Data Legislation Paves the Way for Innovation

Since the proliferation of the internet, data has become and increasingly important asset for businesses to obtain and utilise. Understandably, data has been defined as the new oil. Predominantly the consumer has been left behind, your data is being freely harvested and monopolised by the big tech giants such as Google and Facebook, and then sold on to advertisers so your news feed fulfils your every online desire.

Surely as an individual you should have access to your personal data so that you too can passively gain from being you, in other words, create your own personalised ‘data well’. For a long time this has required extensive digging through privacy laws, data legislation has been outdated and customised to the preferences of centralised entities who control, harvest and secure your data. Figure 1 shows the projected data generated globally, surely individuals should have the ability to gain value from contributing to this growing commodity.

In 2017 the Australian government administered a Productivity Commission on Data Availability and Use. Its goal was to update data policy and move away from a system based on risk aversion and avoidance, to one based on transparency and confidence.

The results of this report are extremely exciting for both consumers and

Fast forward less than a year, the government is finding more ways to incentivise progress into an innovation economy where data is being recognised as an essential opportunity to take on this path. So it is not surprising new legislation for data availability and use is being implemented relatively quickly.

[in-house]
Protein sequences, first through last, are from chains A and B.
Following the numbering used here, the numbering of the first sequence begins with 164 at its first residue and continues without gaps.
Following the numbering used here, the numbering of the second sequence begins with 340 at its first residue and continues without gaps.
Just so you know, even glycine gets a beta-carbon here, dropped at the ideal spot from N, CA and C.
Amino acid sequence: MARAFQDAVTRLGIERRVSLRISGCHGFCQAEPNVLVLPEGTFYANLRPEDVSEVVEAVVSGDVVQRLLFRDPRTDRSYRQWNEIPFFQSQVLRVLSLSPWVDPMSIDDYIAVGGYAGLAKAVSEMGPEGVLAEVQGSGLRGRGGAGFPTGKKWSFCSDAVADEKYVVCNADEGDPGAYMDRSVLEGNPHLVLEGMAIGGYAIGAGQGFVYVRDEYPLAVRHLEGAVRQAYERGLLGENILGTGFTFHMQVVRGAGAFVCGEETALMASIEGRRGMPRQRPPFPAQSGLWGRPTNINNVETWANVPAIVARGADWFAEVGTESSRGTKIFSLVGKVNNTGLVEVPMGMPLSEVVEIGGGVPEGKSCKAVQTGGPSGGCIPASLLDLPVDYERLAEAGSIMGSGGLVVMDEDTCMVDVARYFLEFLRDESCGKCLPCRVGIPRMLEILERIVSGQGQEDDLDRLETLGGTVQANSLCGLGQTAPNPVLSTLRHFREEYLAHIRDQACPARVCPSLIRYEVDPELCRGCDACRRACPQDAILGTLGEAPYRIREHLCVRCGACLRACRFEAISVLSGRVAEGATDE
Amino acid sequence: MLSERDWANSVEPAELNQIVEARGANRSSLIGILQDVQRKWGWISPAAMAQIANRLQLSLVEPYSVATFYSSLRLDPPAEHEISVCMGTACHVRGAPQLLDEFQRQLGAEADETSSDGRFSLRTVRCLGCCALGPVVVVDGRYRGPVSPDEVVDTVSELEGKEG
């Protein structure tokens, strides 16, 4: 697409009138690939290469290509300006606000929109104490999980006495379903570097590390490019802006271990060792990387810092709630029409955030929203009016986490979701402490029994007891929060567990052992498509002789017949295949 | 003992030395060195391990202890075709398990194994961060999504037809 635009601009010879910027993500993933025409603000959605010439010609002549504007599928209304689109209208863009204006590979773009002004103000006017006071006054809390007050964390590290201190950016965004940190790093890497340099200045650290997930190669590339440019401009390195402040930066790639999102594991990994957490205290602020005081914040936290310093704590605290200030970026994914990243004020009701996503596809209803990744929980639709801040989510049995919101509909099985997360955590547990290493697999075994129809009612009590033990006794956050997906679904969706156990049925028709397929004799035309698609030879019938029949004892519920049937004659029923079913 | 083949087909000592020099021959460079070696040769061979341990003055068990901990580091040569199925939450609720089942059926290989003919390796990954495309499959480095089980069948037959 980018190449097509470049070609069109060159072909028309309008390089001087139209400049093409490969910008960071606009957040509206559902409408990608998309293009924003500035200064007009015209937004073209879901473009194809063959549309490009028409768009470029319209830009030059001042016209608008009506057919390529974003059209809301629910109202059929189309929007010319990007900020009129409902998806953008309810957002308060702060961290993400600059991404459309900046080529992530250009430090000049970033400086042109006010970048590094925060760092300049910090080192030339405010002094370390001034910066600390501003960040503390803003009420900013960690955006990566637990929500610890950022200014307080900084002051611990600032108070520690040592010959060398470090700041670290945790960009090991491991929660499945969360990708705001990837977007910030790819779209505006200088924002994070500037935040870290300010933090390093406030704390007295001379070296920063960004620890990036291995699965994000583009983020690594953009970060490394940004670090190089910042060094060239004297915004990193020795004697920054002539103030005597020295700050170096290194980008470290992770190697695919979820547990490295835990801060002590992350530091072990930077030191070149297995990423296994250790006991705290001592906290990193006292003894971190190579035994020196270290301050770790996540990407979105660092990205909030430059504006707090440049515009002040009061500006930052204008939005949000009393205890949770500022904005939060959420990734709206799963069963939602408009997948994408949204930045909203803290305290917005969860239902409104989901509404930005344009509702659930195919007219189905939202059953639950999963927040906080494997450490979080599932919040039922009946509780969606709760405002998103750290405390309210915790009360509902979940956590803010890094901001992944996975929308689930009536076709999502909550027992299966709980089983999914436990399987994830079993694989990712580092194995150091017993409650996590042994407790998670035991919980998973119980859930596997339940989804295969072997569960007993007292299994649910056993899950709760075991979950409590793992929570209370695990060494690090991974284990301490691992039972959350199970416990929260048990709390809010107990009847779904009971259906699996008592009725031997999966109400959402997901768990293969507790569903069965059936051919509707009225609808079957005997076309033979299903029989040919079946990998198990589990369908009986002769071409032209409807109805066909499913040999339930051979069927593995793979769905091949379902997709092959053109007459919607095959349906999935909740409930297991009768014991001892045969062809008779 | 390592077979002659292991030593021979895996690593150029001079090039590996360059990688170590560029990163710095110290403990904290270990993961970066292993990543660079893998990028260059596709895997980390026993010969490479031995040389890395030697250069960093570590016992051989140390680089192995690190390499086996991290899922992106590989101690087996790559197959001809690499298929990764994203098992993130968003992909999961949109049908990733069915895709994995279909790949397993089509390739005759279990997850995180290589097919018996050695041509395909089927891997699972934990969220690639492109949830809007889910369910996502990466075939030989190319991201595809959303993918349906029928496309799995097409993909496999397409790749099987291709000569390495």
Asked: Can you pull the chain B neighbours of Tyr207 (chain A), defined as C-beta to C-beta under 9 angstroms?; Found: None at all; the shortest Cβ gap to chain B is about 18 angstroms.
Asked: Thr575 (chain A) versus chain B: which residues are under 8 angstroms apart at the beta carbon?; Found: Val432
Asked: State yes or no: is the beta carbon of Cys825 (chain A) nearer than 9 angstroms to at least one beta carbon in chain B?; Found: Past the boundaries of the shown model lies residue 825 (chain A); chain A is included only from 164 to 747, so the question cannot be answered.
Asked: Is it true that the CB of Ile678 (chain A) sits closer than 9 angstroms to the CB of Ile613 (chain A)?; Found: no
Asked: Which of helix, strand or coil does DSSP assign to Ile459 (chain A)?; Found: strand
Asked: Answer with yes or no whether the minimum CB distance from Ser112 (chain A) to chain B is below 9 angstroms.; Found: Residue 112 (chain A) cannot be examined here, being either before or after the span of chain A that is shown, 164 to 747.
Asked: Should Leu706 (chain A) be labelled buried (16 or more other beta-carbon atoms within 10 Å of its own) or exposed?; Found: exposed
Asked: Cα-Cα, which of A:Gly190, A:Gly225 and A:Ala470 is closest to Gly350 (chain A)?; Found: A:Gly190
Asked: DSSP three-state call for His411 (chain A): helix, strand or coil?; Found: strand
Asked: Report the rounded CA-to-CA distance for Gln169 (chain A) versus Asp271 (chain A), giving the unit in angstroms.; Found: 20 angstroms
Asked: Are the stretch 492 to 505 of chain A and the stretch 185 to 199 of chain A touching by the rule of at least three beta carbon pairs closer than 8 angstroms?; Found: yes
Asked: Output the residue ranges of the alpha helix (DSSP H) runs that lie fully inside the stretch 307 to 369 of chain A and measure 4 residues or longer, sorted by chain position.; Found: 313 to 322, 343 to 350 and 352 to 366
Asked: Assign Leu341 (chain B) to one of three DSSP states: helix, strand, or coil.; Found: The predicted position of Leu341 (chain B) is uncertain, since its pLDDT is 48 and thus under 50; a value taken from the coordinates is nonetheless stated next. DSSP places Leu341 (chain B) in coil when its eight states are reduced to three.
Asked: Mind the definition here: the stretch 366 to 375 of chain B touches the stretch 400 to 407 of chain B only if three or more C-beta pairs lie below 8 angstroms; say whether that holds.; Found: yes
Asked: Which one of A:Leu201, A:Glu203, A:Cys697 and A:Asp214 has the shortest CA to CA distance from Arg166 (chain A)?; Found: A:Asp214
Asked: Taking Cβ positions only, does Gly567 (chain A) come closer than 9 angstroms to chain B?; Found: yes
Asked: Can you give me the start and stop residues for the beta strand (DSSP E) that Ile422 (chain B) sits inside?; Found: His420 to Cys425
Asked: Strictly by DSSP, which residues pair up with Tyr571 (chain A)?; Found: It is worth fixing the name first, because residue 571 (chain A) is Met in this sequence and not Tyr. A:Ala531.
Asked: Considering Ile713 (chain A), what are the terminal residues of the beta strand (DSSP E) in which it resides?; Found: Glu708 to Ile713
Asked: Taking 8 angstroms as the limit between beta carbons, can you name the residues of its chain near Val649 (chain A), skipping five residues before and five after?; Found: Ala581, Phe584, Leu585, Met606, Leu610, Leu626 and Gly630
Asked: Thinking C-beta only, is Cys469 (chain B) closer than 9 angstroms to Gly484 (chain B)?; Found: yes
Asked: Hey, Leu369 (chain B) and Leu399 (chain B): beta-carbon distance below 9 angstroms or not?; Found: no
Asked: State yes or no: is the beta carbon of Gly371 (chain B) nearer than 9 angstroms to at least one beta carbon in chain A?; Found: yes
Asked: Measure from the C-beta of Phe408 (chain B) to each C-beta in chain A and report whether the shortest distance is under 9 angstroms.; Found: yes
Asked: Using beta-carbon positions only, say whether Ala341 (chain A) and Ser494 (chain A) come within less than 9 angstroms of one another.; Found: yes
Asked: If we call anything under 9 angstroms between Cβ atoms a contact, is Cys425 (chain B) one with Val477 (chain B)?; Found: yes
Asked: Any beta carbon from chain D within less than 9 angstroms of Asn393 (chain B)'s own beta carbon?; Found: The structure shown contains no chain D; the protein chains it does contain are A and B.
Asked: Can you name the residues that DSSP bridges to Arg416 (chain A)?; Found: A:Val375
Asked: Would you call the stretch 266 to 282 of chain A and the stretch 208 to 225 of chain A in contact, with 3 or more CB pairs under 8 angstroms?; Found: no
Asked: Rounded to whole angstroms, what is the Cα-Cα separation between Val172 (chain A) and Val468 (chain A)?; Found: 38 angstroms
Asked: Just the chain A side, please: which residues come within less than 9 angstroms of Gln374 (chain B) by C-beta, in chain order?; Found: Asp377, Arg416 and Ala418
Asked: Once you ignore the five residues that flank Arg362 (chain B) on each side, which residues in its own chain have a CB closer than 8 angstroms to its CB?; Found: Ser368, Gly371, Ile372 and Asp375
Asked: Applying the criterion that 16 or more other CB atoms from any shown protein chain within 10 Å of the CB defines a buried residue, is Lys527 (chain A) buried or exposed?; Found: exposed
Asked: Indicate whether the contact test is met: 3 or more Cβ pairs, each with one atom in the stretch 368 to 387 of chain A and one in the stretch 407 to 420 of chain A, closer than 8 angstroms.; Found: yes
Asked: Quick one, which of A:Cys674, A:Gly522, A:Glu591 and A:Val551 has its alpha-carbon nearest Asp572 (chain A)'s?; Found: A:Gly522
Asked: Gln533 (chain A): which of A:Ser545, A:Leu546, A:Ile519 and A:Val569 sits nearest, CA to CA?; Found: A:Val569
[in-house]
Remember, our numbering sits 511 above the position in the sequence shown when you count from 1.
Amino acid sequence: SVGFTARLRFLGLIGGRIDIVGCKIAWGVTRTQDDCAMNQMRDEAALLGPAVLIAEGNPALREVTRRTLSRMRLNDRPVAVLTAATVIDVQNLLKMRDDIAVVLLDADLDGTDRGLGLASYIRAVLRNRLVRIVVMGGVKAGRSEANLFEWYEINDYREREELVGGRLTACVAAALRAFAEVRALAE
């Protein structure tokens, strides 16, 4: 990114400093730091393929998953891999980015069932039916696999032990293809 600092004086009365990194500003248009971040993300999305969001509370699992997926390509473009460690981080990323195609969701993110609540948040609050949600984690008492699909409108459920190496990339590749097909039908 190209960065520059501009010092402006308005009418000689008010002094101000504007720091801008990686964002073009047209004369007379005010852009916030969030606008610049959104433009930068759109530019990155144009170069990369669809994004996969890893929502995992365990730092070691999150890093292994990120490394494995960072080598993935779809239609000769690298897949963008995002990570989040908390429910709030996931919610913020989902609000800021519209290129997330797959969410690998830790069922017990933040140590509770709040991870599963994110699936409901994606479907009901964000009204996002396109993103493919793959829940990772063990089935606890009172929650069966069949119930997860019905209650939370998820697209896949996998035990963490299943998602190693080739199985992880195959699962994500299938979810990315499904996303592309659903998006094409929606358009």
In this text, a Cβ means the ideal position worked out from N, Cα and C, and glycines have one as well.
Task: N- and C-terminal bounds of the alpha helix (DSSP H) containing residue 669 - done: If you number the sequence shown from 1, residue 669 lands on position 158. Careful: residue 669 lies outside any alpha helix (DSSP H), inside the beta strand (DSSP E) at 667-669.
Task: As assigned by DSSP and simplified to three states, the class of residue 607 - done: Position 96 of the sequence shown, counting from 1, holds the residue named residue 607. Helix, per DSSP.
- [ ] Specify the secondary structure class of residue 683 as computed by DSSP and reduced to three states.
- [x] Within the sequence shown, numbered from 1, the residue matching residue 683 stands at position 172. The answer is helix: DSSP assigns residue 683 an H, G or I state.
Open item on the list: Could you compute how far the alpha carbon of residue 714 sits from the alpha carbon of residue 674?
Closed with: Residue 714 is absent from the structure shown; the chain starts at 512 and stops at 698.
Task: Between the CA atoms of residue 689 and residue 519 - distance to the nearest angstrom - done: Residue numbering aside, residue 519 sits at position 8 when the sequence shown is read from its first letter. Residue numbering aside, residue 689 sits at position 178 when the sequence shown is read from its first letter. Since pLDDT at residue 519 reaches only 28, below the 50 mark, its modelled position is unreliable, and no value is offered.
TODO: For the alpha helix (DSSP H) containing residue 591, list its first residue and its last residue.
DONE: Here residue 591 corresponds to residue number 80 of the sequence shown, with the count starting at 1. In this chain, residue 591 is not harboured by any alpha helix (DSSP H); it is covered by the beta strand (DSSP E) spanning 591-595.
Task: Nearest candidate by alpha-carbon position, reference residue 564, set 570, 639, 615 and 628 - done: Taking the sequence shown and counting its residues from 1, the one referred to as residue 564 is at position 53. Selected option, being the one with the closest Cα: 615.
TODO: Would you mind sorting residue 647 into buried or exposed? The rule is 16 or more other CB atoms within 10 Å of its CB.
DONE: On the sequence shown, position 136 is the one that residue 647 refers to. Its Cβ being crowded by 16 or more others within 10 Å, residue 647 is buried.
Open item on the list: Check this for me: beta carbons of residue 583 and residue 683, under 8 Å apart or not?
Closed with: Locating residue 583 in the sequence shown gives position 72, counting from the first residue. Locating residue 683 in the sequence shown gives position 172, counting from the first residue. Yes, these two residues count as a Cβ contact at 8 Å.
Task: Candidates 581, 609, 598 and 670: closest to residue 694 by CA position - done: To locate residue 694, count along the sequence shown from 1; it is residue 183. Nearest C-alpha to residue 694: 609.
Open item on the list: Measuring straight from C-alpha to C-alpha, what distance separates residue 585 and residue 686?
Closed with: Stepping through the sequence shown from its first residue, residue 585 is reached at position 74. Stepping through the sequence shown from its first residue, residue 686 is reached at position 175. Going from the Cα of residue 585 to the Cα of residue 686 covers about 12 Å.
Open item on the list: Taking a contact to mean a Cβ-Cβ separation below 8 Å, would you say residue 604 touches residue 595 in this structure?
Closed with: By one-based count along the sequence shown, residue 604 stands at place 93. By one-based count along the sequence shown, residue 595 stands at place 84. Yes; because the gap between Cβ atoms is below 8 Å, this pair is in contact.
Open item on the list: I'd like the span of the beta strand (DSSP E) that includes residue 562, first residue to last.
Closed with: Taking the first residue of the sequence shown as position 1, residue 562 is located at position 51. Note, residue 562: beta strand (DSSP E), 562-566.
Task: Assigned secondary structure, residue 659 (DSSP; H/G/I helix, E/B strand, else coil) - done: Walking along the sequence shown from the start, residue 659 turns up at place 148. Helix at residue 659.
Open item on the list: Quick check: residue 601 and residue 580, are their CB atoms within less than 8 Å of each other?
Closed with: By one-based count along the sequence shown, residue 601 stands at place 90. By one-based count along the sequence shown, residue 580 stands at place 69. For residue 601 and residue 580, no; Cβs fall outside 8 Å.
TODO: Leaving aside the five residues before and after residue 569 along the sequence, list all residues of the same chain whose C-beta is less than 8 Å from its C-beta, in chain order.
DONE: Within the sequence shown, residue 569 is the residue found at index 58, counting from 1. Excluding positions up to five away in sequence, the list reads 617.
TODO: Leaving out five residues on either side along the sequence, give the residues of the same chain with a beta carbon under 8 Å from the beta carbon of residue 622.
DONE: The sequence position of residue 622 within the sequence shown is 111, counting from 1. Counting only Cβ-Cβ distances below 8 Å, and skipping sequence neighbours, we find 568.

Consumer Data Right to be introduced in Australia in 2018

Assistant Minister for Cities and Digital Transformation Angus Taylor said it was the biggest reform to consumer law in a generation;

“Government is pursuing the very simple idea that the customer should own their own data. It is a powerful idea and a very important one,”

This trend of increasing transparency for data is not unique to Australia, the European Union has also recently updated their data policy. The EU GDPR aim to protect all EU citizens from privacy and data breaches in an increasingly data-driven world. Similarly to the Australian reform, the European Union is focusing on empowering individuals with autonomy over their own data, but also aiming to regulate the transnational data landscape.

What does this mean for

One of our main priorities at is to give each individual consumer power and autonomy over their digital footprint.

A decentralised data marketplace.

We provide a digital data wallet, MyBron, which utilises the ethereum blockchain. It aims to lay the foundations and be a catalyst for you to start your very own ‘data well’, participate in an ecosystem of self empowered digital identities and reap the rewards of living within our increasingly digital society.

There are still challenges to centralised data agencies, most risks of data misuse arise not through controlled sharing of data but rather from dataset hacking made possible by poor or outdated data collection, storage and management practices, coupled with malicious intent to gain access and use data that would otherwise not have been available.

This is where the blockchain comes into real importance. is working towards using robust and decentralised infrastructure so there is no single honeypot for hackers to find and steal multitudes of data, rather your MyBron wallet will be one of many decentralised digital wallets. aims to be the catalyst for decentralising data and creating verified digital identities, providing the individual with autonomy over their own digital footprint. For more info please check out welcome to